Private entities and their directors cannot afford the cost of inaction in addressing cyber-attacks. As SEC Commissioner Luis A. Aguilar stated during a Public Statement on The Commission’s Role in Addressing the Growing Cyber-Threat, cyber-attacks on enterprises such as financial institutions and government agencies are becoming increasingly frequent and more sophisticated. In fact, according to the SEC’s Division of Intelligence’s list of global threats, this particular threat surpasses even terrorism.
The cost of inaction can be significant. For example, there is the looming threat of litigation and potential liability for failing to implement adequate steps to comply with fiduciary duties in preventing cyber-attacks. There is the substantial threat of financial and reputational risks for both corporations and government agencies. There is also the risk of harm to an entity’s ability to grow, innovate, and, in turn, gain or maintain customers. Further, cybersecurity threats victimize the national and economic security of the United States by exploiting the connectivity of critical infrastructure systems.
Fortunately, there are major steps that companies can take to mitigate cyber-risk. Back in June 2014, Commissioner Aguilar provided recommendations when he spoke at the New York Stock Exchange’s Conference, “Cyber Risks and the Boardroom.” In addition to spending sufficient time and resources to address cybersecurity issues, boards and their directors should be “asking themselves what they can, and should, be doing to effectively oversee cyber-risk management.” Boards should also focus on key oversight activities, such as assigning specific roles and responsibilities for privacy and security and concerning themselves with receiving frequent reports on data breaches and IT risks.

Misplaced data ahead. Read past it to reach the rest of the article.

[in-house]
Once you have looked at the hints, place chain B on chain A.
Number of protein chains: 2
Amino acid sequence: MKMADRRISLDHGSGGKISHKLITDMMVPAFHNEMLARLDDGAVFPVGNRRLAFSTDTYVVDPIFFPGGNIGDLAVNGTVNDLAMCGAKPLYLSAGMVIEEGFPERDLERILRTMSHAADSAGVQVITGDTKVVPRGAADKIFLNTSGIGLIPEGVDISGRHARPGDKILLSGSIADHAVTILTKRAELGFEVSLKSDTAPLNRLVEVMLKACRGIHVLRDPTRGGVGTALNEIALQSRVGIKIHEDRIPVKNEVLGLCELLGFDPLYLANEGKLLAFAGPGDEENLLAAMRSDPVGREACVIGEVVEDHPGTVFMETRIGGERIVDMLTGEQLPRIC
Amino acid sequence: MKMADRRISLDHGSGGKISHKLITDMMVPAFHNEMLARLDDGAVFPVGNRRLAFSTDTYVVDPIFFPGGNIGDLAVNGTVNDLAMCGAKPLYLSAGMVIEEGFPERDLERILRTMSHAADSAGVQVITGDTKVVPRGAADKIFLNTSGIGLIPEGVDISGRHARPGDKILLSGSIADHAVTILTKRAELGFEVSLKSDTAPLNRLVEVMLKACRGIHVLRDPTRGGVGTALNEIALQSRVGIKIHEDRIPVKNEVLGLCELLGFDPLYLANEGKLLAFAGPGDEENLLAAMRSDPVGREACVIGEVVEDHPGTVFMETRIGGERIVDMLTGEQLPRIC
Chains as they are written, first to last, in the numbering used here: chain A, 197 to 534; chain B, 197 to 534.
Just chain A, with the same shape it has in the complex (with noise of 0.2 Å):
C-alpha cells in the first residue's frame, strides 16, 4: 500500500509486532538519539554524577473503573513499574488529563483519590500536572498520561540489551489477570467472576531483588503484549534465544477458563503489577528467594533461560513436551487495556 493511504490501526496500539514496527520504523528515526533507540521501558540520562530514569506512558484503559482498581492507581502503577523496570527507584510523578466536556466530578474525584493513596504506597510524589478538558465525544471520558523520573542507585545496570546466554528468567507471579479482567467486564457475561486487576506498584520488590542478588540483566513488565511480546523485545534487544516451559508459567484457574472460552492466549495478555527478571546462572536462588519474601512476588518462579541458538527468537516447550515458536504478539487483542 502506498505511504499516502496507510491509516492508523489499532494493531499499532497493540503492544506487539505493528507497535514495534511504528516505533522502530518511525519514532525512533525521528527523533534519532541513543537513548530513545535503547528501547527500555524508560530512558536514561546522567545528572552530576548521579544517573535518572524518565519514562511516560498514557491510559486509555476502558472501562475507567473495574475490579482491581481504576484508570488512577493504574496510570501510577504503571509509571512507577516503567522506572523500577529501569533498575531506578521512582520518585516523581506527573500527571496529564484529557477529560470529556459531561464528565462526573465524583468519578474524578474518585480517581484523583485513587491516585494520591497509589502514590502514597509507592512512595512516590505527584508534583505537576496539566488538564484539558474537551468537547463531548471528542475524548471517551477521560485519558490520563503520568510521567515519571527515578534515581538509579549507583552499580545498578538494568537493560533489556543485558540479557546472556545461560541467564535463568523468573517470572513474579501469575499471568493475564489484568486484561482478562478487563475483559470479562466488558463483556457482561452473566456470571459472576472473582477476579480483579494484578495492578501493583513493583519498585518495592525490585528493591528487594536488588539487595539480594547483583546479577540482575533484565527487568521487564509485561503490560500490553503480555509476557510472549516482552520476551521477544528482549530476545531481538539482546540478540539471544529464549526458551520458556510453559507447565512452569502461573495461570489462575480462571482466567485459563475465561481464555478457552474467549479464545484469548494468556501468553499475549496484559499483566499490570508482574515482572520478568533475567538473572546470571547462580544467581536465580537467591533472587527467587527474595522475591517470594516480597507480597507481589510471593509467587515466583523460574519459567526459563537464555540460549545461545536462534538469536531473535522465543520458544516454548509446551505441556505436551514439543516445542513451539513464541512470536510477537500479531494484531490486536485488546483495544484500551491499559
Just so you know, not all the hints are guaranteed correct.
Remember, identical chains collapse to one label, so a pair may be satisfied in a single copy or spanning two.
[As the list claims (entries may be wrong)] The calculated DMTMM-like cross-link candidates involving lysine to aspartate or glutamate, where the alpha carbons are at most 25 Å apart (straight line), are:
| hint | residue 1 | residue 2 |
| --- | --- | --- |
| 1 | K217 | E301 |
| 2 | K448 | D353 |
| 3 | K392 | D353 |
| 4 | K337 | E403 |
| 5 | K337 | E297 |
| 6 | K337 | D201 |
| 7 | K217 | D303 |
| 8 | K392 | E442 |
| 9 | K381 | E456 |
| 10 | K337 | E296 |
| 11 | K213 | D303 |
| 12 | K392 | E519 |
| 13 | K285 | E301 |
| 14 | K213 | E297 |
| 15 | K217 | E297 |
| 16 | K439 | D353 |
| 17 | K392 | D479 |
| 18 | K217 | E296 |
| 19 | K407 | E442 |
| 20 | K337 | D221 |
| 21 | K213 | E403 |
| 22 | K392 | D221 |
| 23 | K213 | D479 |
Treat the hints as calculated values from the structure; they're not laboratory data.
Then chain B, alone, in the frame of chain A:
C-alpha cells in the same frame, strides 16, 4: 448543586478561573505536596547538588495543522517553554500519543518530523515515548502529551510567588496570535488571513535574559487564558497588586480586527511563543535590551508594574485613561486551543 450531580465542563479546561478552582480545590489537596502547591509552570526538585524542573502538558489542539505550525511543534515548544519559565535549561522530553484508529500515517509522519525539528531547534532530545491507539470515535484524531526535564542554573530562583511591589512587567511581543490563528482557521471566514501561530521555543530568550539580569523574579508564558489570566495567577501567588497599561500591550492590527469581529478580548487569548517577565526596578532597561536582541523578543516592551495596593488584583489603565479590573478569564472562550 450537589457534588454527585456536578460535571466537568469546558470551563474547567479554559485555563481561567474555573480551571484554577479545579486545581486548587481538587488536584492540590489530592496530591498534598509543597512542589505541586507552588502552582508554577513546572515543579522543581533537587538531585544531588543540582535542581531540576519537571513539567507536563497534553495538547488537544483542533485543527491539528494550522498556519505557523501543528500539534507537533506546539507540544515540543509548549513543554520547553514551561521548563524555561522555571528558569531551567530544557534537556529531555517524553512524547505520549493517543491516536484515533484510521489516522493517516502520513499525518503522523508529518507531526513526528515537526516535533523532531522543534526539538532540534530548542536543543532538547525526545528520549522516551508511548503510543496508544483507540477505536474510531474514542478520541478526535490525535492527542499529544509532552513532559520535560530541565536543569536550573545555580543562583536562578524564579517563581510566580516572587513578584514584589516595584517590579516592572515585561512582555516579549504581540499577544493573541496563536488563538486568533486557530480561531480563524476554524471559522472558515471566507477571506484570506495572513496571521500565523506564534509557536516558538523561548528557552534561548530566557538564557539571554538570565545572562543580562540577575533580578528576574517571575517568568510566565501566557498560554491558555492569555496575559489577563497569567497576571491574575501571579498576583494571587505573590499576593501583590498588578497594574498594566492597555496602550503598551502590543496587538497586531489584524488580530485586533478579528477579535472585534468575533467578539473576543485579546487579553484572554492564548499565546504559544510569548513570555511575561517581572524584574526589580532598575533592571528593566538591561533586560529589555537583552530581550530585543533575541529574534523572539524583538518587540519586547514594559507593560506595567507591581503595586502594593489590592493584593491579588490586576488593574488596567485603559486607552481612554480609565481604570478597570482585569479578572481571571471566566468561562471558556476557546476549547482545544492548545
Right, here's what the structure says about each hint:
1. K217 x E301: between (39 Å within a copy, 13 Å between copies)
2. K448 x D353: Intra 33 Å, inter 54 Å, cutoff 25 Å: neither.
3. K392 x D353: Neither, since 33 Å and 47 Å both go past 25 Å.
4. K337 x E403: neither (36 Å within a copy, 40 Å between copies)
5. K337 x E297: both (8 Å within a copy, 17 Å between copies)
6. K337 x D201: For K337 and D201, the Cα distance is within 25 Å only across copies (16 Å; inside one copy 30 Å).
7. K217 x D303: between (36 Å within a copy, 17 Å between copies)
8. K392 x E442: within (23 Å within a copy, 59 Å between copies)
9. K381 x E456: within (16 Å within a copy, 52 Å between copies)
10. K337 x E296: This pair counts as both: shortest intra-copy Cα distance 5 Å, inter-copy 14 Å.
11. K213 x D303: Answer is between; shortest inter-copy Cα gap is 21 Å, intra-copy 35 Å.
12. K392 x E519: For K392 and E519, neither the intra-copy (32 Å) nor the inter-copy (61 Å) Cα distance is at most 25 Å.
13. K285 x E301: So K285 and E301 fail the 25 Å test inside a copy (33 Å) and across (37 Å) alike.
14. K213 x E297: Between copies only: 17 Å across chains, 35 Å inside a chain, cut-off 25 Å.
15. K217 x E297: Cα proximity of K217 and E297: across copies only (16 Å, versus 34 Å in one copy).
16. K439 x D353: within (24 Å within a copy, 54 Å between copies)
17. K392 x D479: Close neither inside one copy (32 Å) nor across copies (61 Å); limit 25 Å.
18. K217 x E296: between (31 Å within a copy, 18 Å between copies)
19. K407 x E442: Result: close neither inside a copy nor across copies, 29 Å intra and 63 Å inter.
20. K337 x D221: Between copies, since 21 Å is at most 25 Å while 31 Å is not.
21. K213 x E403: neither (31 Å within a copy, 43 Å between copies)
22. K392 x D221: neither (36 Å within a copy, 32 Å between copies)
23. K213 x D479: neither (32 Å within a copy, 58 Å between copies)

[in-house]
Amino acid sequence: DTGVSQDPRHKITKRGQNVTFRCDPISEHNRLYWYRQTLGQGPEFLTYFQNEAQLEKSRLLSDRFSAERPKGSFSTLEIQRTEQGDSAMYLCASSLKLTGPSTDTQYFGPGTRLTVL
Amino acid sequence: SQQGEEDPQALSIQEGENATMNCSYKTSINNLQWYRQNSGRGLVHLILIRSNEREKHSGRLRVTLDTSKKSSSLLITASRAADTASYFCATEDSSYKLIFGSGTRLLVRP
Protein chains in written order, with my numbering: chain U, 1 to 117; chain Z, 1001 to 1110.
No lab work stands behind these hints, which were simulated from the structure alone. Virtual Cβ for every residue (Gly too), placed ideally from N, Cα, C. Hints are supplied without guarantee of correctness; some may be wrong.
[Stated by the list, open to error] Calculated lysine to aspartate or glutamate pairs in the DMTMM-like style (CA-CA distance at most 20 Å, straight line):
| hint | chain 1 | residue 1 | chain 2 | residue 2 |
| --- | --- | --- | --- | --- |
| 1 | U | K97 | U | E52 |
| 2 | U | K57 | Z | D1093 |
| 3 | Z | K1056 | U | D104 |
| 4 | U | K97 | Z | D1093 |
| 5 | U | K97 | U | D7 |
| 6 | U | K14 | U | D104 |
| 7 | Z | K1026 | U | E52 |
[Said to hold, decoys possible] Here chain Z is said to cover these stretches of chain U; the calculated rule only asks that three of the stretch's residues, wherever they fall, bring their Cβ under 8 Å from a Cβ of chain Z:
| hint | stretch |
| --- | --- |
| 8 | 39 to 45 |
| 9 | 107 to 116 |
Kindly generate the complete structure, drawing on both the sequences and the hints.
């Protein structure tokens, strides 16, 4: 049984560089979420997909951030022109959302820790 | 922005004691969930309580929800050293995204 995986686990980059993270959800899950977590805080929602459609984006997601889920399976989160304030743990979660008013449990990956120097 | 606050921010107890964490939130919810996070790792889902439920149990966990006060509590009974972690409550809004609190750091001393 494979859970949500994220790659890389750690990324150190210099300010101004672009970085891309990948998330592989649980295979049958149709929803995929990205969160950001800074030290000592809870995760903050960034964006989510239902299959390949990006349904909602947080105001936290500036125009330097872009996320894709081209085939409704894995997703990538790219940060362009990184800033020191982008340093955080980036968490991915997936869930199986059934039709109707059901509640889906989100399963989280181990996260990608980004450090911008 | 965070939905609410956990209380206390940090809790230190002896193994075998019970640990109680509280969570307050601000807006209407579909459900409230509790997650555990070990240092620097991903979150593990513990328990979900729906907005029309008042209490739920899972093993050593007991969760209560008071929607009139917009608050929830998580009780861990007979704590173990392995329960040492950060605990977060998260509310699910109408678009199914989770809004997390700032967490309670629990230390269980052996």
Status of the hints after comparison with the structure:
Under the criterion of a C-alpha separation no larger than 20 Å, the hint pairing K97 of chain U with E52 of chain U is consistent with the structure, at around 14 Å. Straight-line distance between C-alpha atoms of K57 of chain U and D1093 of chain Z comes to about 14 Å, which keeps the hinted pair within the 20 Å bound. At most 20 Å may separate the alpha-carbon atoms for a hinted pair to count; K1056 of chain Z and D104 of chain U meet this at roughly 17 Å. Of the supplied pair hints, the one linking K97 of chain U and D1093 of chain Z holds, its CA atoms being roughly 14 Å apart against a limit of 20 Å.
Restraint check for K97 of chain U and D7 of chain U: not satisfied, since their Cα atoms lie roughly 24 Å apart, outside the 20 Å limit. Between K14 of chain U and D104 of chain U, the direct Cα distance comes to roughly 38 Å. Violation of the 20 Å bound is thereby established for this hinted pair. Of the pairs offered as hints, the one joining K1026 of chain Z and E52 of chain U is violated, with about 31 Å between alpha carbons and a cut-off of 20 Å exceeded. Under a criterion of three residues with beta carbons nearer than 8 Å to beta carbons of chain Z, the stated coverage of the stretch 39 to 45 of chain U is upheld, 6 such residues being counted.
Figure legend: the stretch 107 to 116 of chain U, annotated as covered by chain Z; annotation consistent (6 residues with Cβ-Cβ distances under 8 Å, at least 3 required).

In February 2014, the National Institute of Standards and Technology released a voluntary Framework for Improving Critical Infrastructure Cybersecurity (“Framework”) in response to President Obama’s 2013 Executive Order titled “Improving Critical Infrastructure Cybersecurity.” The Framework provides the following five core applications to managing and overseeing cyber-risks: (1) Identify; (2) Protect; (3) Detect; (4) Respond; and (5) Recover. Accordingly:
This core fundamentally means the following: companies should (i) identify known cybersecurity risks to their infrastructure; (ii) develop safeguards to protect the delivery and maintenance of infrastructure services; (iii) implement methods to detect the occurrence of a cybersecurity event; (iv) develop methods to respond to a detected cybersecurity event; and (v) develop plans to recover and restore the companies’ capabilities that were impaired as a result of a cybersecurity event.
While the Framework shows that regulators and the executive are concerned with the cyber-risk exposure of domestic companies, the burden of cyber-risk oversight and management clearly lies internally for any company. The issue that remains is whether or not the burden of oversight should be on the full board or, for instance, on a novel committee dedicated to risk management.
Considering the frequency of headlines warning of recent data breaches in American companies, it is critical that company boards become familiar with cyber-risks. They need to be proactive in their efforts in order to prepare the company for the “inevitable cyber-attack and the resulting fallout from such an event.” And while there is no one-size-fits-all method to properly prepare and respond to a cyber-attack, companies should always be ready to respond at a moment’s notice to detect, analyze, and prevent further damage resulting from such attacks.*
*Emily Huang is an associate editor on the Michigan Technology Law Review.